Parisa Tabriz

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Parisa Tabriz
Parisa Tabriz Blackhat'17 profile.jpg
Born1983 (age 37–38)
NationalityAmerican
OccupationComputer security engineer
Known for
  • Google's "Security Princess"
  • Co-founder, Our Security Advocates

Parisa Tabriz is a computer security expert who works for Google as a Director of Engineering. As a software engineer focused on security of Google products, she chose the title "Security Princess" to add a less staid and more whimsical title on her business card.[1][2][3]

Early life[edit]

Parisa Tabriz was born to an Iranian father, a doctor, and an American mother, a nurse, of Polish-American descent.[1] She grew up in the suburbs of Chicago and is the older sister of two brothers.[1] Tabriz was not exposed to coding and computer science until her first year at university.[4]

Education[edit]

Tabriz initially enrolled at the University of Illinois at Urbana–Champaign to study computer engineering, but soon became interested in computer science instead.[4][5] She completed a Bachelor of Science and Master of Science degree at the university[4][6] and did research in wireless security and attacks on privacy-enhancing technologies, co-authoring papers with her advisor Nikita Borisov.[5][7][8] She was an active member of a student club interested in computer security, which she joined because her own website was hacked.[4]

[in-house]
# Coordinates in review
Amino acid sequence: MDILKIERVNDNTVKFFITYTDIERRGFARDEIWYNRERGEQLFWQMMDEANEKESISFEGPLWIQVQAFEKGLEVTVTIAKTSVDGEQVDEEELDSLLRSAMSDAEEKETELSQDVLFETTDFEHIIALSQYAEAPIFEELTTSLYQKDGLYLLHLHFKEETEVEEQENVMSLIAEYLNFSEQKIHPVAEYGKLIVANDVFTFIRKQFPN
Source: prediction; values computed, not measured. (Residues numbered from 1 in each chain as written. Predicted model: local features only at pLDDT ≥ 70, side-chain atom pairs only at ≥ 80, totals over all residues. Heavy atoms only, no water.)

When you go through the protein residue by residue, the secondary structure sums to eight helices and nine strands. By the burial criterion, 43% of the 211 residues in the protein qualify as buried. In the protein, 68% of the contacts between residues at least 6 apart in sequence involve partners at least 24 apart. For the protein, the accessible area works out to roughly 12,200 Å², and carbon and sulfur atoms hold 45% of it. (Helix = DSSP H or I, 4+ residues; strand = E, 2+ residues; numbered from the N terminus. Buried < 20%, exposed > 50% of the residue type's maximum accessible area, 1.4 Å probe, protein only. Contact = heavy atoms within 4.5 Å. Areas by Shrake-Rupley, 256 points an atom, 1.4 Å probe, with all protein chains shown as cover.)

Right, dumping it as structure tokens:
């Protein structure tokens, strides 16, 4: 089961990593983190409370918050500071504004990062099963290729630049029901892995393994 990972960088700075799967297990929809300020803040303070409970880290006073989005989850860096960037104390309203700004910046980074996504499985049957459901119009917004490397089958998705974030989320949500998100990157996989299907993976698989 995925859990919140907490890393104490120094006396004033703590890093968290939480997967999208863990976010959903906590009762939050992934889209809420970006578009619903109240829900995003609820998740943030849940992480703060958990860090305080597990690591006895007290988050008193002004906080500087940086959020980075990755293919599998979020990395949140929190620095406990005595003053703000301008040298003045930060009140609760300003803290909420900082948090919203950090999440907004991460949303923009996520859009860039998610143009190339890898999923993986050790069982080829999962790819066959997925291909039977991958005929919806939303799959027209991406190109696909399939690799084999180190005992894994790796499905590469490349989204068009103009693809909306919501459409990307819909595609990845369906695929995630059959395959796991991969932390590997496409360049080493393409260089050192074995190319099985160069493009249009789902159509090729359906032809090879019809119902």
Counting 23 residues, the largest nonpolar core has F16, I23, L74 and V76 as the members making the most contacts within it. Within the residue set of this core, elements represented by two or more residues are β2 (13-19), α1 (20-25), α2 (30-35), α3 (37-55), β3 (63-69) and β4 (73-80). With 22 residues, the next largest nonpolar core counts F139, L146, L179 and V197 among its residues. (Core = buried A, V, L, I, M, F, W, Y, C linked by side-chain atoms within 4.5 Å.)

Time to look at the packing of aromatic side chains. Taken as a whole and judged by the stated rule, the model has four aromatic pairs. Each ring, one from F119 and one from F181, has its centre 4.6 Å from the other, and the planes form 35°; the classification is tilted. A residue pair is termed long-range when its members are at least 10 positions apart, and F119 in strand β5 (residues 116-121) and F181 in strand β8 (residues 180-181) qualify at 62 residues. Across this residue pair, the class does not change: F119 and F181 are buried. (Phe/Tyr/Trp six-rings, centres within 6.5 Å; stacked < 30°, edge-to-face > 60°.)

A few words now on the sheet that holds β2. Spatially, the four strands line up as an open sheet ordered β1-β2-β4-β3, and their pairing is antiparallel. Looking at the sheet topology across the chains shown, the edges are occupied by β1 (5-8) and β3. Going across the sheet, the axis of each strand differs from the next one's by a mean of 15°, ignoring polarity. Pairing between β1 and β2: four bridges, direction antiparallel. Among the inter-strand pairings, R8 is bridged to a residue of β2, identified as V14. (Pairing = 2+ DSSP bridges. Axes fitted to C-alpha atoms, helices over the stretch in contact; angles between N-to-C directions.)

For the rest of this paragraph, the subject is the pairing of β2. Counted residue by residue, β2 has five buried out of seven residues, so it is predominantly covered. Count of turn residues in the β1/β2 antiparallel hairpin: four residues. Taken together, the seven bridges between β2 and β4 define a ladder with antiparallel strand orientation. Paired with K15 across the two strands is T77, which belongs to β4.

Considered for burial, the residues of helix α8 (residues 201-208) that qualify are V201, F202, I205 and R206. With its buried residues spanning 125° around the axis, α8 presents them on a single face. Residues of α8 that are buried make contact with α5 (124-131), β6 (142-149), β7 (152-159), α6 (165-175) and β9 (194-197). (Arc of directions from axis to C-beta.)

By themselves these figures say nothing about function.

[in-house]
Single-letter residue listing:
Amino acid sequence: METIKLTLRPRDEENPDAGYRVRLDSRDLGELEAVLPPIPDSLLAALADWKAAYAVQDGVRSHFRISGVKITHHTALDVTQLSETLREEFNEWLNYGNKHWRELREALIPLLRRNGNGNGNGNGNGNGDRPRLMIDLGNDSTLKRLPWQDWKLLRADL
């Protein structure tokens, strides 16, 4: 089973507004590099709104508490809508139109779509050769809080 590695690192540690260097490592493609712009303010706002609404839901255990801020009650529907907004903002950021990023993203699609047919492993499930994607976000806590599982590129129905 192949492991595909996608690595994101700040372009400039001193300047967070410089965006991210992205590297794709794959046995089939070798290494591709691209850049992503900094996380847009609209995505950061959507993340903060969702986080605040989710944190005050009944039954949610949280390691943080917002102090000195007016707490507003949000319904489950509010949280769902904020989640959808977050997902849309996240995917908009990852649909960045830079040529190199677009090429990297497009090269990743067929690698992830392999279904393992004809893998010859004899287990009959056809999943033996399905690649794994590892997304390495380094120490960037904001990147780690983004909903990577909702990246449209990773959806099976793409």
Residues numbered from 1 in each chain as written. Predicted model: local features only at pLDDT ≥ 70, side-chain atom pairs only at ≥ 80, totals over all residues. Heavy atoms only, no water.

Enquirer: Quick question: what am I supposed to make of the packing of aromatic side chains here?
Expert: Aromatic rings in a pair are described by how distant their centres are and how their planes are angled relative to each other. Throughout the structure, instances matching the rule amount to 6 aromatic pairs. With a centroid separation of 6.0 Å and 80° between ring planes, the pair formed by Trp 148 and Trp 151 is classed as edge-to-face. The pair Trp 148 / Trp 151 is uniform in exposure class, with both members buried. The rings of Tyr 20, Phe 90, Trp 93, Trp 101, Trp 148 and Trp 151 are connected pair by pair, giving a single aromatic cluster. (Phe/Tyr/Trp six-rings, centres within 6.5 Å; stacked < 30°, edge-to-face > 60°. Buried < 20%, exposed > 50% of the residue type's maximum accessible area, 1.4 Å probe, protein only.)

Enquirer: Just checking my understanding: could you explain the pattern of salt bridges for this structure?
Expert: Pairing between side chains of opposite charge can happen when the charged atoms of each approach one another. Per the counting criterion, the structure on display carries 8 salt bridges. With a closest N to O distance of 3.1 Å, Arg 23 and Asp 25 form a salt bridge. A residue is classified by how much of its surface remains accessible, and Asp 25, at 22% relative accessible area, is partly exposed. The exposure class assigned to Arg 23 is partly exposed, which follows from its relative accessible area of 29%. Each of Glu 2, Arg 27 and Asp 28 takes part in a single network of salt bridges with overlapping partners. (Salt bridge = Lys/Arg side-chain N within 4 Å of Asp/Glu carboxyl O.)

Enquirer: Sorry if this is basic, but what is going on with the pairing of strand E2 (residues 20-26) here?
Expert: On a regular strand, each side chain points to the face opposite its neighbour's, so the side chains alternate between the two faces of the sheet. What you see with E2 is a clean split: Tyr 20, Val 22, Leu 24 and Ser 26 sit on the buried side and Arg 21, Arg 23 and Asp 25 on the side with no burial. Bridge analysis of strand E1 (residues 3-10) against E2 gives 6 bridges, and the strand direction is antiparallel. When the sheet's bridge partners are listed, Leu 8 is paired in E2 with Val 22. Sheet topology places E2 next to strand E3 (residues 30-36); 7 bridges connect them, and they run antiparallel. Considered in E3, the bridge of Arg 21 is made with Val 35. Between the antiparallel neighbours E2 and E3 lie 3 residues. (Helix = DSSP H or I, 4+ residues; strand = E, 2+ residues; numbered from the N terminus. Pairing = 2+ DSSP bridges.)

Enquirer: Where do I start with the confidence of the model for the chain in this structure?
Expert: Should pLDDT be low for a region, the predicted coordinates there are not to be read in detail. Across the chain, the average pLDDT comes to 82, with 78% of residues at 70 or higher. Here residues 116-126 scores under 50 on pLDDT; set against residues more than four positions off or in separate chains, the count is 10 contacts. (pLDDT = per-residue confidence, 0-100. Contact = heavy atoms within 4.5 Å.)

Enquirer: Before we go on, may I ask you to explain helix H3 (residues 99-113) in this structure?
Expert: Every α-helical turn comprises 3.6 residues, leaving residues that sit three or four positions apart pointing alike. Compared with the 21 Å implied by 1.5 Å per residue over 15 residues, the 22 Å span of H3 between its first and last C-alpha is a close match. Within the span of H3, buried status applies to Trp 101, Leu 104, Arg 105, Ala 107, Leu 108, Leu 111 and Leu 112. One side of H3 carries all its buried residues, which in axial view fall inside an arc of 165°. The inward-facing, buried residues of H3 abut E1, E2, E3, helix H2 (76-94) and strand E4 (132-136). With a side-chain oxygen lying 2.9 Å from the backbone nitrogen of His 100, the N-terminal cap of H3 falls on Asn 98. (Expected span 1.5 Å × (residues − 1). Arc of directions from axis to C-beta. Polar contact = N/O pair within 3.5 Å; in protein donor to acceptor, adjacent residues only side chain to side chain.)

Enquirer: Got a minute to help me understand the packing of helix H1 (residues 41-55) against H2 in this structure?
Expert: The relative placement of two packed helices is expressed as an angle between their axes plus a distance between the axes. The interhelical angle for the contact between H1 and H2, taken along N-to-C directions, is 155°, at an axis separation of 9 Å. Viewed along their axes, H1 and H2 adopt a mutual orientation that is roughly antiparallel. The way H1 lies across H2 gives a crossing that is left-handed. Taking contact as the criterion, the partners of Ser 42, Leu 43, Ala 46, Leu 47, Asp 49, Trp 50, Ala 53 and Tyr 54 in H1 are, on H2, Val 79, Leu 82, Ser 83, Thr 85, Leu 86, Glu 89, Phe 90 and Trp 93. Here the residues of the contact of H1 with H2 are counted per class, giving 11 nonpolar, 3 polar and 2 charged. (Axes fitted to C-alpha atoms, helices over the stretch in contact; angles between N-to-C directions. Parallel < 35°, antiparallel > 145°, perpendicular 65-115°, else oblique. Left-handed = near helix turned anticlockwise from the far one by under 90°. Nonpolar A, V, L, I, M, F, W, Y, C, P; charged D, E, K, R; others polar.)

Career[edit]

Tabriz was offered a summer internship with Google's security team while at college,[9] and joined the company a few months after her graduation in 2007.[1][10] While preparing to attend a conference in Tokyo with Google, she decided to use the job title "Security Princess" on her business card rather than the conventional "Information Security Engineer" since it sounded less boring and considered it ironic.[1][2] Over her career, Tabriz has trained Google staff interested in learning more about security and worked with youth at DEFCON and girl scouts to expose a more diverse set of people to the field of computer security.[11][1][12]

In 2013, Tabriz took over responsibility for the security of Google Chrome.

In 2014, Tabriz started an effort to drive adoption of HTTPS on the web.[13][14] In 2015, less than 50% of traffic seen by Chrome was over HTTPS, and by 2019, the percentage of HTTPS traffic had increased to 73-95% across all platforms.[15] Tabriz has spoken out against government interception of HTTPS connections on the public Internet.[16]

In 2016, Tabriz took over responsibility for Project Zero, an offensive security research group.[3][17]

In 2018, in response to the RSA Conference having only one non-male keynote speaker in a line-up of 20 keynotes, Tabriz co-founded the Our Security Advocates conference, OURSA. In only five days, Tabriz and organizers pulled together a speaker line-up consisting of expert speakers from under-represented backgrounds, 14 speakers of which were women.[18]

Recognition[edit]

In 2012, Forbes included her in their "Top 30 People Under 30 To Watch in the Technology Industry" list.[1][19]

In 2017, Wired included her in their list of 20 Tech Visionaries.[20]

In 2018, Fortune included her in their annual "40 under 40" most influence young people in business list.[21]

References[edit]